Also, once an object has been exported to Azure AD, it is not possible to change its sourceAnchor value, it will through an error.



If a matching is found

If Azure AD detects a matching of attribute between an existing object in Azure AD and an object coming from on premise AD, following things will happen:

a) The object coming from on premise AD will get preference, and will replace all attributes for that object which are present in cloud.

b) The object was previously managed marked as cloud identity, and managed through cloud. But now, it will be flagged as on premise object, and will be managed from on premise.

c) All cloud attribute values of that object would be overwritten by on premise attribute, so we should be very careful to maintain correct values in the on premise attributes.

Verify before commit

Every environment is unique, and different from each other. So we have to be extremely careful when we plan a strategy for user consolidation. It is always better to check what attributes are going to be synced to Azure AD, before the actual syncing.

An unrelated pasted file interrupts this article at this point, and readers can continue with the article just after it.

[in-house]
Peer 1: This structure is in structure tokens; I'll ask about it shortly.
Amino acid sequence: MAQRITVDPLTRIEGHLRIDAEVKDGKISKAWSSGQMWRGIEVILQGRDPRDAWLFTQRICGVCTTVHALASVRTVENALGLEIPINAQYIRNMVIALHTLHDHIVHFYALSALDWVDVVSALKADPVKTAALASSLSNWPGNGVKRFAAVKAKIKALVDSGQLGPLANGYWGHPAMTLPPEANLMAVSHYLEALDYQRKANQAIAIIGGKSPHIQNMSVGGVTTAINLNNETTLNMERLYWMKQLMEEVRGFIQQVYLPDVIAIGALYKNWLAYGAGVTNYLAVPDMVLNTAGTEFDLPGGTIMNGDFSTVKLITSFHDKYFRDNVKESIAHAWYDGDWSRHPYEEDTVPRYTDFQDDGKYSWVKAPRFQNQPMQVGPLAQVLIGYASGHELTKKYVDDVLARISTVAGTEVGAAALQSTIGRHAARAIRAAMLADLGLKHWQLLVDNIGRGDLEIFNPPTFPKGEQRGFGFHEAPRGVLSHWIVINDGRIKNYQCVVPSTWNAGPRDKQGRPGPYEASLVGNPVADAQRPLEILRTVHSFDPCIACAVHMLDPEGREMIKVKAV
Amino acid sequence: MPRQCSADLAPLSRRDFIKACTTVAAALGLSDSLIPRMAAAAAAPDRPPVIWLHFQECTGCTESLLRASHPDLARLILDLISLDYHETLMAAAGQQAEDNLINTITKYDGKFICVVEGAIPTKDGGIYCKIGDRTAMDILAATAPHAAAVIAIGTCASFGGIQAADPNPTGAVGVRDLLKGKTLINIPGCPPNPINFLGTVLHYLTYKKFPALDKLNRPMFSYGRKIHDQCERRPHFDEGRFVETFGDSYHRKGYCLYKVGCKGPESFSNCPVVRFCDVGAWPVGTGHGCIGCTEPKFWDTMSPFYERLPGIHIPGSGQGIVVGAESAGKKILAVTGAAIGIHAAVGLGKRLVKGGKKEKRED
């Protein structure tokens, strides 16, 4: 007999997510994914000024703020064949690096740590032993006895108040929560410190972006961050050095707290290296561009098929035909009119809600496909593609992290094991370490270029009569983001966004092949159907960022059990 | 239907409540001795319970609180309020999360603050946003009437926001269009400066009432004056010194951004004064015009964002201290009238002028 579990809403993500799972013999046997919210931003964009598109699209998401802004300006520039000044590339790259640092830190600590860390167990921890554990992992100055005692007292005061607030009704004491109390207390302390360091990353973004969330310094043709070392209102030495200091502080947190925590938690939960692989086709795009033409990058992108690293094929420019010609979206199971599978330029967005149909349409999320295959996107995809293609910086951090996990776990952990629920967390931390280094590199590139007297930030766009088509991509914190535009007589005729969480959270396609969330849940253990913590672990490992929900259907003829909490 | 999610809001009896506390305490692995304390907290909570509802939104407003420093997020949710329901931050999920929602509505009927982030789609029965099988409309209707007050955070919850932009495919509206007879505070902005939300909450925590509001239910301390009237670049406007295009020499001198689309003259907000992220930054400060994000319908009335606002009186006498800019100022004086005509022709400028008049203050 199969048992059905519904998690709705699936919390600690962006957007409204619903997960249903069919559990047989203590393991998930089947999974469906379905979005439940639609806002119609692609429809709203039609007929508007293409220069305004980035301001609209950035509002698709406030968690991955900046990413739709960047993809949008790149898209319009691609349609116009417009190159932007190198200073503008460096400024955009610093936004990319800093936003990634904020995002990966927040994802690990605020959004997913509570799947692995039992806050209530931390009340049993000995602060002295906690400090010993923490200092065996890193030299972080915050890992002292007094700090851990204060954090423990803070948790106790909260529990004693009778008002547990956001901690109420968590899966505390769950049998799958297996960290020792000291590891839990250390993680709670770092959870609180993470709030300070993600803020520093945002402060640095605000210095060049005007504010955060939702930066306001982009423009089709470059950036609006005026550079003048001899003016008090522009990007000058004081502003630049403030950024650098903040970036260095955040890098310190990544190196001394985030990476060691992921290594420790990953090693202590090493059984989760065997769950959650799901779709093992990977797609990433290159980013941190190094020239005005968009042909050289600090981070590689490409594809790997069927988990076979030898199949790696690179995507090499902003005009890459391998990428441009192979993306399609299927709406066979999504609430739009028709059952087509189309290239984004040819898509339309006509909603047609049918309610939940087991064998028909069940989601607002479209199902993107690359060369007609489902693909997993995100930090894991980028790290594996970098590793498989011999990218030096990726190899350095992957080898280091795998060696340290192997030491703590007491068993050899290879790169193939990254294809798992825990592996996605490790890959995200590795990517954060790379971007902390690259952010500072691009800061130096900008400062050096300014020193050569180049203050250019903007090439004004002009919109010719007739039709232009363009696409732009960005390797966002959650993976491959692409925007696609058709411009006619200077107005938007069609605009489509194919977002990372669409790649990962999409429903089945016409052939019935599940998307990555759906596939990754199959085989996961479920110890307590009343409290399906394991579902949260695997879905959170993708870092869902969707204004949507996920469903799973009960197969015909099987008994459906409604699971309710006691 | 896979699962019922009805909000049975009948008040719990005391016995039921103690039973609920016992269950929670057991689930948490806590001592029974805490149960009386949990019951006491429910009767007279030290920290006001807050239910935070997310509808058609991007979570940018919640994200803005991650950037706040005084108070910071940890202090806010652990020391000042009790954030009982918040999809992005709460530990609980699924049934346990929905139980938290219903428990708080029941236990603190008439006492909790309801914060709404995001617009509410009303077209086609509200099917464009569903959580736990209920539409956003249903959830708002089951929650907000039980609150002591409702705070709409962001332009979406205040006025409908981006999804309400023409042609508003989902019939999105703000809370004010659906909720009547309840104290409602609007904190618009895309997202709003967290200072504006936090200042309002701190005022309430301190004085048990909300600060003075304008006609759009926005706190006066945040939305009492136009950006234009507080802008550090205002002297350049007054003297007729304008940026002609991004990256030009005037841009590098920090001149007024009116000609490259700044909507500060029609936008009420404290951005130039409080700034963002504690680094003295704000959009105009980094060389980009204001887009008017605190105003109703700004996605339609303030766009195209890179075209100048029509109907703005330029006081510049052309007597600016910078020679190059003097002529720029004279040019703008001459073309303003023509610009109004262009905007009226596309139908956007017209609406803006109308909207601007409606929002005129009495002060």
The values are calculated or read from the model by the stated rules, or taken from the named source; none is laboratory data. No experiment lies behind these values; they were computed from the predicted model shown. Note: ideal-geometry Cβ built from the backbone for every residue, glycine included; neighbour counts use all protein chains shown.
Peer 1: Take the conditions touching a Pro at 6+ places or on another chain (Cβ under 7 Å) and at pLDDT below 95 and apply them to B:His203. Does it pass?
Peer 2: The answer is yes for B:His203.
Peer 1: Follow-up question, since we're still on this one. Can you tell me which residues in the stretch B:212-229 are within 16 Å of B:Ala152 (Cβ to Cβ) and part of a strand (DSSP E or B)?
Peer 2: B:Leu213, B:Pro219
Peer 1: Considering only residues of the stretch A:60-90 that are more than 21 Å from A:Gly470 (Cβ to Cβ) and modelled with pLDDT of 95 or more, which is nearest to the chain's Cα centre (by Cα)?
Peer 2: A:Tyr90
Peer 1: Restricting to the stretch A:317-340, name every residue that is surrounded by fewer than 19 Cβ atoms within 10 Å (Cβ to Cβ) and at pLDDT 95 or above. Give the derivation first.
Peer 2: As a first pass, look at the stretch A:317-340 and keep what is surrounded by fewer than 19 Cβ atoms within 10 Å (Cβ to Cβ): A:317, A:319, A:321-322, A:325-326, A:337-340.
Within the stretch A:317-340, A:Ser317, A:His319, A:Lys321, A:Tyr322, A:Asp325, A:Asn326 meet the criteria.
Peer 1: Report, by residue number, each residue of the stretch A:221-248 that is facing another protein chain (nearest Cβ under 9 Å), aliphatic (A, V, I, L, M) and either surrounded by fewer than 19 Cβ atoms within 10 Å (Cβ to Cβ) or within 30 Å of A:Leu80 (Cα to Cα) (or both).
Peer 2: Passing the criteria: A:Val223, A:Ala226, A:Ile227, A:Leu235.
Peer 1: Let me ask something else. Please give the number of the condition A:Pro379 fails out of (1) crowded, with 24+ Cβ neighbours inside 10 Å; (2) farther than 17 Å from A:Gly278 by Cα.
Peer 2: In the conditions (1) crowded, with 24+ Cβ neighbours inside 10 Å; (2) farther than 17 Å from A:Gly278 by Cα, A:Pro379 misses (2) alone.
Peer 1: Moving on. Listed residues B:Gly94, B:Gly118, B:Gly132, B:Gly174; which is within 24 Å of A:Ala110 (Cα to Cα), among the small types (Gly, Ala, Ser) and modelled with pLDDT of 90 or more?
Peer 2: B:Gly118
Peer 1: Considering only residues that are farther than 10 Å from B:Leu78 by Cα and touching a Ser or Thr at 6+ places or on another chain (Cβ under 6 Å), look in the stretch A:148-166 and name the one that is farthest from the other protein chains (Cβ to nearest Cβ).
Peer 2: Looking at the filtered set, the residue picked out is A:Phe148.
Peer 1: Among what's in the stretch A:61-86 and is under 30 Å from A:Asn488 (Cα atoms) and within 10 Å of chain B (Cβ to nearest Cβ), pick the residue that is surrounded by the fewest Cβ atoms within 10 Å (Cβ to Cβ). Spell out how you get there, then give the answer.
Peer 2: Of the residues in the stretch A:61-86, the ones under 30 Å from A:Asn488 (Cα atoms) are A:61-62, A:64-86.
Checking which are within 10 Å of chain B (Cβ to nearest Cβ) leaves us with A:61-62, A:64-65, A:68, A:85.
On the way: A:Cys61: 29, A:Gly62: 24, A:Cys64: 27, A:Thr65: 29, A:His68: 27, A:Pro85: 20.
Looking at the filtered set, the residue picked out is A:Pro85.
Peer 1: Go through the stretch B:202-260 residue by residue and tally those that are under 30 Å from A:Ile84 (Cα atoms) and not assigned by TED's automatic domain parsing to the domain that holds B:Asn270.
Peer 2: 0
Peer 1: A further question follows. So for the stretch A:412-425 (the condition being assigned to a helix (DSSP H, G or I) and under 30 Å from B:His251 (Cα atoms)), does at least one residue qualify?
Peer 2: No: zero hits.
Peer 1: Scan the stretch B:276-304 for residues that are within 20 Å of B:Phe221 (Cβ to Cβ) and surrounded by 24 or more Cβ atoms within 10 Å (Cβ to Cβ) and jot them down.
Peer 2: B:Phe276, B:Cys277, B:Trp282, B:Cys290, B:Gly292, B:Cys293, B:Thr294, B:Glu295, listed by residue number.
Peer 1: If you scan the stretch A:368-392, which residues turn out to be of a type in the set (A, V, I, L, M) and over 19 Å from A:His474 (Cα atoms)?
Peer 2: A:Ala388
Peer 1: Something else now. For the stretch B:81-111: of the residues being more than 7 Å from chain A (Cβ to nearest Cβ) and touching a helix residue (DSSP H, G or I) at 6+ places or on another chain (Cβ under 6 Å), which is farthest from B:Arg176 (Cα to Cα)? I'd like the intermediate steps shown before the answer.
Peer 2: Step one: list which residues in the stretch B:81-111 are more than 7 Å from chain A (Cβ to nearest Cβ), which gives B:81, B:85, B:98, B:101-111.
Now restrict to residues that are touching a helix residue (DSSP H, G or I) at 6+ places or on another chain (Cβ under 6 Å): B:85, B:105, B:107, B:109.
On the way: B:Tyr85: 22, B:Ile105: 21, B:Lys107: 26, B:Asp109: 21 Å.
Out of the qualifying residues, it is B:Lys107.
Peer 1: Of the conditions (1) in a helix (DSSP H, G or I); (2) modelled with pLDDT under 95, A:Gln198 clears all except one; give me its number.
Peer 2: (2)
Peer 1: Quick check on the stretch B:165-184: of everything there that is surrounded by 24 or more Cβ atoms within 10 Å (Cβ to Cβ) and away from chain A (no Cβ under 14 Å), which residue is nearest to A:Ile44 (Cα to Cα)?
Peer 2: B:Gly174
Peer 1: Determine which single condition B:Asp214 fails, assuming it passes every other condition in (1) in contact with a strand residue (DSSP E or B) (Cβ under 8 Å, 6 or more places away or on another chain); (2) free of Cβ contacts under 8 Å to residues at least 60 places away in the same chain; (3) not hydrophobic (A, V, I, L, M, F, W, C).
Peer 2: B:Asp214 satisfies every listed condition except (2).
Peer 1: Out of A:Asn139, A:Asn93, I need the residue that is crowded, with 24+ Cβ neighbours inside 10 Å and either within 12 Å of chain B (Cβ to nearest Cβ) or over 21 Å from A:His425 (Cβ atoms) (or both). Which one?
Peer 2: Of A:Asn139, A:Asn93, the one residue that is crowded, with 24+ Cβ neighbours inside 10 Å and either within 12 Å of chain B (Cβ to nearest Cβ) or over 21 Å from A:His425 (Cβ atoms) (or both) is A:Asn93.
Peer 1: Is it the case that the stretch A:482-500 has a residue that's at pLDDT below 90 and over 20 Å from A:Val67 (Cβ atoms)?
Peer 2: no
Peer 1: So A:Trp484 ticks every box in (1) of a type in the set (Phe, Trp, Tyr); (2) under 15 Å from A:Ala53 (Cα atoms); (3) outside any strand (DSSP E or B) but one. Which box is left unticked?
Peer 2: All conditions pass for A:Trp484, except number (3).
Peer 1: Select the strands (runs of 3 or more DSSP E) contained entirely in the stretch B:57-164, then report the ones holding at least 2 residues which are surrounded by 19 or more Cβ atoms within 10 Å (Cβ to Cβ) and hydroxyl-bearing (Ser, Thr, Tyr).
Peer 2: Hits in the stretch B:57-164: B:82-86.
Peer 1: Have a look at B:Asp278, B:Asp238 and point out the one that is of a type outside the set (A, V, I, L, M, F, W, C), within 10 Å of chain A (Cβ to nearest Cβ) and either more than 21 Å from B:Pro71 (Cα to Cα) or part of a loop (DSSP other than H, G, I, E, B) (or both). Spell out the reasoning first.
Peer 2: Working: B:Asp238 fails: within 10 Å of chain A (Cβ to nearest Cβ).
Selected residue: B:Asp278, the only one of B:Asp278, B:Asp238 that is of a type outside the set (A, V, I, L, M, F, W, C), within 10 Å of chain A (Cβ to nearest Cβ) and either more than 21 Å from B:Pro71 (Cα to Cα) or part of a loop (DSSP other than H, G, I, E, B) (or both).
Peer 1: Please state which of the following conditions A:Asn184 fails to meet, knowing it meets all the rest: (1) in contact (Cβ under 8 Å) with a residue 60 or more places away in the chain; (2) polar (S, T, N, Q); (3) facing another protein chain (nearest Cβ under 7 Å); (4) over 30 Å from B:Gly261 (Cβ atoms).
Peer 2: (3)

It is also important to locate the common identifiers. 

To assess the result, we have to follow below steps:

  1. On the last page of the installation, enable staging mode.
  2. In the same page, unselect the “Start Synchronization” option.

In staging mode, Azure AD connect will receive all updates, but it will not write anything to Azure Ad or on premise AD. In staging mode, we can assess what all attributes are going to be synced, by executing some commands in the Azure AD connect server where we have enabled staging mode. Please follow this link where Microsoft has clearly mentioned the steps.


See Also